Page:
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On Aug 8, 2013, at 9:37 AM, steve donovan wrote:

> On Thu, Aug 8, 2013 at 3:20 PM, Lorenzo Donati <> wrote:
>> fmt.Println(time.Now().Format("2006-01-02 03:04"))

> It is very .. eccentric. Rob Pike is very proud of this idea ;)

It is a cute idea, but just like printf, it's a symptom of a lack of expressive power at compile-time.

Famously, the Pascal runtime cannot be implemented in terms of itself. C is much better, but originally had no standard mechanism for functions with a variable number of arguments either; there was no way of writing your own printf. 
An informal mechanism and then a standard were created, and they're designed to barely handle printf/scanf, and forwarding of those varargs. 

Most C compilers these days have special mechanisms hooked up to the printf/scanf functions to warn of mismatches in type between the format string and the arguments. So there's a special case again: you can't write your own replacements with the same functionality, especially if you are in the -Werror camp, where warnings are treated as errors.

What time.Format and printf/scanf have in common is that they use raw strings as little languages compiled and evaluated at runtime. Why strings? Because other kinds of literals are too painful to express, usually. Here's some fake Go code:

import "time"
import . "time/format" // hate-magnet[1]

ISO8601 = TimeFormat{YYYY, MM, DD, Lit{"T"}, HH, Lit{":"}, MS, Lit{":"}, SS}
Kitchen = TimeFormat{Hh12, Lit{":"}, MS, PM}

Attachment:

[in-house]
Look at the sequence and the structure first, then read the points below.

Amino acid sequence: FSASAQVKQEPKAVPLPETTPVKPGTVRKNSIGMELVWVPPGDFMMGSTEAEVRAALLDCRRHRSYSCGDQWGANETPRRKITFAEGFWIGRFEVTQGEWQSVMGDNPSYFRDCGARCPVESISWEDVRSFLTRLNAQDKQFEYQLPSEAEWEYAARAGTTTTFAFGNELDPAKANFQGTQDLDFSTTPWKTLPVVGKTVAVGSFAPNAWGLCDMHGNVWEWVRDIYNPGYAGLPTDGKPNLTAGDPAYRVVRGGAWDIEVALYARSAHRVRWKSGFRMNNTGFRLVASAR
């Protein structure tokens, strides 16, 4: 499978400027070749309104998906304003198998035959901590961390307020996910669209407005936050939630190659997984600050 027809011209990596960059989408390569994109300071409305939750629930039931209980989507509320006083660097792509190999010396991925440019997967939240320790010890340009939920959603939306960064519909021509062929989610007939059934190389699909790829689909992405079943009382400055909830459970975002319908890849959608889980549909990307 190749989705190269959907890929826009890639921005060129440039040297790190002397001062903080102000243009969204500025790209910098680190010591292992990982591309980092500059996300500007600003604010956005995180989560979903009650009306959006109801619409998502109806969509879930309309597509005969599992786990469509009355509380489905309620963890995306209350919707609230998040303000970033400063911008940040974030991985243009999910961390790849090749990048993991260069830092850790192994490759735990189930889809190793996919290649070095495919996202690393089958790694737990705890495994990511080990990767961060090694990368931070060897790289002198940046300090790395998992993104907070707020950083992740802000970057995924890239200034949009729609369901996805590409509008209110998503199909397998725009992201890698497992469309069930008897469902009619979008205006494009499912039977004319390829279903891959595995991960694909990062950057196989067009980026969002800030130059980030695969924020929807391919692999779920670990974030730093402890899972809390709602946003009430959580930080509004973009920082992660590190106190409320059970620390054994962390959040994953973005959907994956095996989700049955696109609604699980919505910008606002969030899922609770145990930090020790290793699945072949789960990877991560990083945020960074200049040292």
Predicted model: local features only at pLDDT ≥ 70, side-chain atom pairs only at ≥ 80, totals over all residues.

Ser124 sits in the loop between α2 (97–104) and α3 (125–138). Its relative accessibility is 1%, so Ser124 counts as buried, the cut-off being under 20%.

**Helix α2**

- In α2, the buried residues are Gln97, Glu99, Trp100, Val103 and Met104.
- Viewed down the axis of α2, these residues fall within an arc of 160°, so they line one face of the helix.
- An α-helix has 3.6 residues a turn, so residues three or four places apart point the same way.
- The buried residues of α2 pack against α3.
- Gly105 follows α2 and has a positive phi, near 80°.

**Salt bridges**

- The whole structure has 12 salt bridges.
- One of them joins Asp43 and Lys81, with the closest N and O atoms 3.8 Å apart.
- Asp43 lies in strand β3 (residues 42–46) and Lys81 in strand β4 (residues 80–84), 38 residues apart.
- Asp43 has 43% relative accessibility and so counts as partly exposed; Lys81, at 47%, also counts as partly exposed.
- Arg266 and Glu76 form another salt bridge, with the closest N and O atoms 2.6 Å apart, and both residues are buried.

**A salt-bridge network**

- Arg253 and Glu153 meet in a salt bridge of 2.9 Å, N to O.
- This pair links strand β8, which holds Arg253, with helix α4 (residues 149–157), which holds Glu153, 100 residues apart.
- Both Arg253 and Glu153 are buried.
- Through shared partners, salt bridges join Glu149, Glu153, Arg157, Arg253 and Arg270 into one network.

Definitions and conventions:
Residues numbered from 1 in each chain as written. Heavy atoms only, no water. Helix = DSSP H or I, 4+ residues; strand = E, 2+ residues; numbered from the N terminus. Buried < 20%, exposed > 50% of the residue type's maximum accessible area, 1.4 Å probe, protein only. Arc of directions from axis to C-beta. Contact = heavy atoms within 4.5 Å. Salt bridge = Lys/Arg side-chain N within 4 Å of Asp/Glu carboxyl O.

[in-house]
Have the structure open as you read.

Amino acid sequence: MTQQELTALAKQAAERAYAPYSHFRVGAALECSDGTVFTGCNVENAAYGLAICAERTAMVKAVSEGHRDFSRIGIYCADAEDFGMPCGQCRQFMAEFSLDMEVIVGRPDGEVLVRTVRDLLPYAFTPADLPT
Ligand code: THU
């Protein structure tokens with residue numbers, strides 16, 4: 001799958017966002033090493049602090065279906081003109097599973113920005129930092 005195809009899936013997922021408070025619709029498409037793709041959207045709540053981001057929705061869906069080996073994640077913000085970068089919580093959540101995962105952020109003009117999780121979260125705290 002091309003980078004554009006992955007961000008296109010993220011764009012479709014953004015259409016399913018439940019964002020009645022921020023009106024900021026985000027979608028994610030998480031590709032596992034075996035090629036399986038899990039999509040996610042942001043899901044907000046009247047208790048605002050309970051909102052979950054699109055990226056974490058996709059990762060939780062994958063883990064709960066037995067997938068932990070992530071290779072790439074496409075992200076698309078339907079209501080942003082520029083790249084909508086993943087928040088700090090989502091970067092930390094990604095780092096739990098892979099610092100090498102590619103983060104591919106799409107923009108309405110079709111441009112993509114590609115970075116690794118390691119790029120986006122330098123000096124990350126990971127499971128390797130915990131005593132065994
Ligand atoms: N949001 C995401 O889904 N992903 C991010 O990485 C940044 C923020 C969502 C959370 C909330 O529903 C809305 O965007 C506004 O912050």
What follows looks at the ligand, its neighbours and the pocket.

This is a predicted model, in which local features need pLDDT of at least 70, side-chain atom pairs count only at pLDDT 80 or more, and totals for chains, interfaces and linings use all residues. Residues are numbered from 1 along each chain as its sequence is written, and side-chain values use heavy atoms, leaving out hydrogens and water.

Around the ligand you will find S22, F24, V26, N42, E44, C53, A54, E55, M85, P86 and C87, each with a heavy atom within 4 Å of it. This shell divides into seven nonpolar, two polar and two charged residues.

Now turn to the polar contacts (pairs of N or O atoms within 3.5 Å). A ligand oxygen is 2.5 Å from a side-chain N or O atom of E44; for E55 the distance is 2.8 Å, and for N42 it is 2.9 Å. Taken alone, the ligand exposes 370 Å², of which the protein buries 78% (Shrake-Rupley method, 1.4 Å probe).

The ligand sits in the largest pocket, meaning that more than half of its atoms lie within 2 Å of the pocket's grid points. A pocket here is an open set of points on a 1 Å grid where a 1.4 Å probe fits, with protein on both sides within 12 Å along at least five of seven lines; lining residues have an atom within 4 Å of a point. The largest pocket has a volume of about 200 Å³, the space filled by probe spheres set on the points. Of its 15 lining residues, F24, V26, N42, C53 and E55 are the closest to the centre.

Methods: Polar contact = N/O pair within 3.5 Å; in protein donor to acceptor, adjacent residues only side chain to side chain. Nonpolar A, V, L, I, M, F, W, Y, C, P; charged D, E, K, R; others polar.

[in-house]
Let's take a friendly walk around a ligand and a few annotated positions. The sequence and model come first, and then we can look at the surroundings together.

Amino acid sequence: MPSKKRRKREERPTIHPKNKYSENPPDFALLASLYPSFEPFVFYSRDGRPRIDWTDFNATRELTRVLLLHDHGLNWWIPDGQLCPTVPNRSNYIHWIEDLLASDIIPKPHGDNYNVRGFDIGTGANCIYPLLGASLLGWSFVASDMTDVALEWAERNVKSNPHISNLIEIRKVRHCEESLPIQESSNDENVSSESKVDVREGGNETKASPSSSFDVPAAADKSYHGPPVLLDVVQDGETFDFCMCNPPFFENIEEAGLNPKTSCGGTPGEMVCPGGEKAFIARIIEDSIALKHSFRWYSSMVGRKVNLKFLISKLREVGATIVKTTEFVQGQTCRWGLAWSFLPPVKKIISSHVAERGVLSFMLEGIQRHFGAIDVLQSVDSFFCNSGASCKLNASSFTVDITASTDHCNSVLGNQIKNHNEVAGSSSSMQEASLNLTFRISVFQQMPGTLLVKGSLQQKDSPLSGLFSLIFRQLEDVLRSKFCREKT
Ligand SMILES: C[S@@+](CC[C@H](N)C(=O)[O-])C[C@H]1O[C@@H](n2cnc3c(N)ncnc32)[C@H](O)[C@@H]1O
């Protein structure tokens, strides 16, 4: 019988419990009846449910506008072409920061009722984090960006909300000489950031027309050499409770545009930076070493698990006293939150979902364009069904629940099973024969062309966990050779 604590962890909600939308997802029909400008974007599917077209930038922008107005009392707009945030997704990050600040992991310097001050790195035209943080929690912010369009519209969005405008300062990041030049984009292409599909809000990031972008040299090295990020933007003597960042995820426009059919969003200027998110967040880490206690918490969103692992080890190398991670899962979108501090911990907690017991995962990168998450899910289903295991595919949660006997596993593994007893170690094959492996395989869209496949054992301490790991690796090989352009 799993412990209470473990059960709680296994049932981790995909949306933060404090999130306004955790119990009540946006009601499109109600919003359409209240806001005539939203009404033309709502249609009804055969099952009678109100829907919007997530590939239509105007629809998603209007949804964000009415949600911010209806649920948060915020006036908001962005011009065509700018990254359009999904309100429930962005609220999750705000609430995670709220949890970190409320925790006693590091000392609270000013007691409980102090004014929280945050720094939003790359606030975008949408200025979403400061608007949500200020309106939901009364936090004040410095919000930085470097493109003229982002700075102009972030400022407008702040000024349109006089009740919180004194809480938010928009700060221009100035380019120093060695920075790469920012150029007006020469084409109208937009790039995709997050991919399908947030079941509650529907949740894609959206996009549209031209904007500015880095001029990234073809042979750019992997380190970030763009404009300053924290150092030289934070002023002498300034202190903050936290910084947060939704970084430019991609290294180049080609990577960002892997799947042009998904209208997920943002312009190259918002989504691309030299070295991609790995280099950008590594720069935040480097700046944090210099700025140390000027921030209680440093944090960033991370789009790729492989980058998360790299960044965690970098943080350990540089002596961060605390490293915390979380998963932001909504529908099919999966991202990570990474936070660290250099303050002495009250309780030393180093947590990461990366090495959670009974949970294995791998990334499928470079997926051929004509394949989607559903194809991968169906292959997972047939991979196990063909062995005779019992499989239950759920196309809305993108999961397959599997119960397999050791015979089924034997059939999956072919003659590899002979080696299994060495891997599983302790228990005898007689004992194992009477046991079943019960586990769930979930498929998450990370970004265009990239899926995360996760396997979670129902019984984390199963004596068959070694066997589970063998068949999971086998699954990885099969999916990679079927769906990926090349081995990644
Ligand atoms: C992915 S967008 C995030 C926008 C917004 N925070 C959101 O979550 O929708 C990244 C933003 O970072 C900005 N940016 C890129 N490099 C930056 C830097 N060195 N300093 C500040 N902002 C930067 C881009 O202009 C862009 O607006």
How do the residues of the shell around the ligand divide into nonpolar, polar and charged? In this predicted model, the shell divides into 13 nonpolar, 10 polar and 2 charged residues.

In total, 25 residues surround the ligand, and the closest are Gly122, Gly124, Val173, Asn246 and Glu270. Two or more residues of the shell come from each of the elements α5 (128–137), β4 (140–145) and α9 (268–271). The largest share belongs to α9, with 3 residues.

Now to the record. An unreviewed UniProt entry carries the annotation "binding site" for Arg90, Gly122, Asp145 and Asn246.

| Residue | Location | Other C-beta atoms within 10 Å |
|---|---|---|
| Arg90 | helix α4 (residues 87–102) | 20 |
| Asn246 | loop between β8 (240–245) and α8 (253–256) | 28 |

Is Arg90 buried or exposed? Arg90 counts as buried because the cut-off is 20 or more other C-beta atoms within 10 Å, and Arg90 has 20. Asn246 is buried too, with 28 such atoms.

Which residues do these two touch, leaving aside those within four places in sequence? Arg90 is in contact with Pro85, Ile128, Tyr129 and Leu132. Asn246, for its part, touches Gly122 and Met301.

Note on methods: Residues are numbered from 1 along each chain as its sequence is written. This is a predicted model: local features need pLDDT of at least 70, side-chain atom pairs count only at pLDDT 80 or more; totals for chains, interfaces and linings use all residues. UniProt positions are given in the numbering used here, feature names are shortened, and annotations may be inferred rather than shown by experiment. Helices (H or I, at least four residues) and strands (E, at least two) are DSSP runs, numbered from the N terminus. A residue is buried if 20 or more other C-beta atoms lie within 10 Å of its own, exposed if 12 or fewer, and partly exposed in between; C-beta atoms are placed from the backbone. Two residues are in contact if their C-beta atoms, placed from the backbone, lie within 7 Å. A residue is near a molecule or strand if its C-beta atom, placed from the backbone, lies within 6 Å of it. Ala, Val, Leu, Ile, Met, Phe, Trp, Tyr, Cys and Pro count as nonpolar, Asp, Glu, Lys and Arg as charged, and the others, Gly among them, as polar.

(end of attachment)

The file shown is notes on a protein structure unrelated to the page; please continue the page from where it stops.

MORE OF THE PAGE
RFCTime = TimeFormat{HH, Lit{":"}, MS, Lit{":"}, SS, Lit{" "}, TMZ}
// Tired of retyping stuff?
s_ = Lit{" "}
RFC1123 = TimeFormat{Wkday, Lit{", "}, DD, s_, Mon, s_, YYYY, s_, RFCTime}

Where various YYYY types as well as TimeFormat itself all implement a common formatting interface.

I don't know about you, but in this case I think expressing structure as structs seems a lot more painful than just chucking everything into a string. Which is too bad, since I already had enough "everything is a very weakly typed string" in my Tcl years. Aren't these higher level languages supposed to be higher level? 

For Lua, the safest thing is to compile the specs at module load time:

local RFCTime = TimeFormatter"HH:MS:SS TMZ"

function yow()
  if rarely_taken_conditional then
    io.write("Yow! It's ", RFCTime(os.time()), ".")

which means you'll find out you screwed up your MM/MS/MN syntax *before* rarely_taken_conditional becomes true.

But for composition you need something like this:

local RFC1123 = TimeFormatter$"Wkday, DD Mon YYYY $RFCTime"

where $"" is syntactic sugar of the general form

  $"abc $foo def" => {"abc $foo def", foo=foo}

to be able to work in the lexical environment.


[1]: This is one of those times for a block scope for those "import * from blargh" statements.. All symbols from blargh would become first in lookup order in some limited spot, without spraying the rest of your code with them. _ENV is very nice....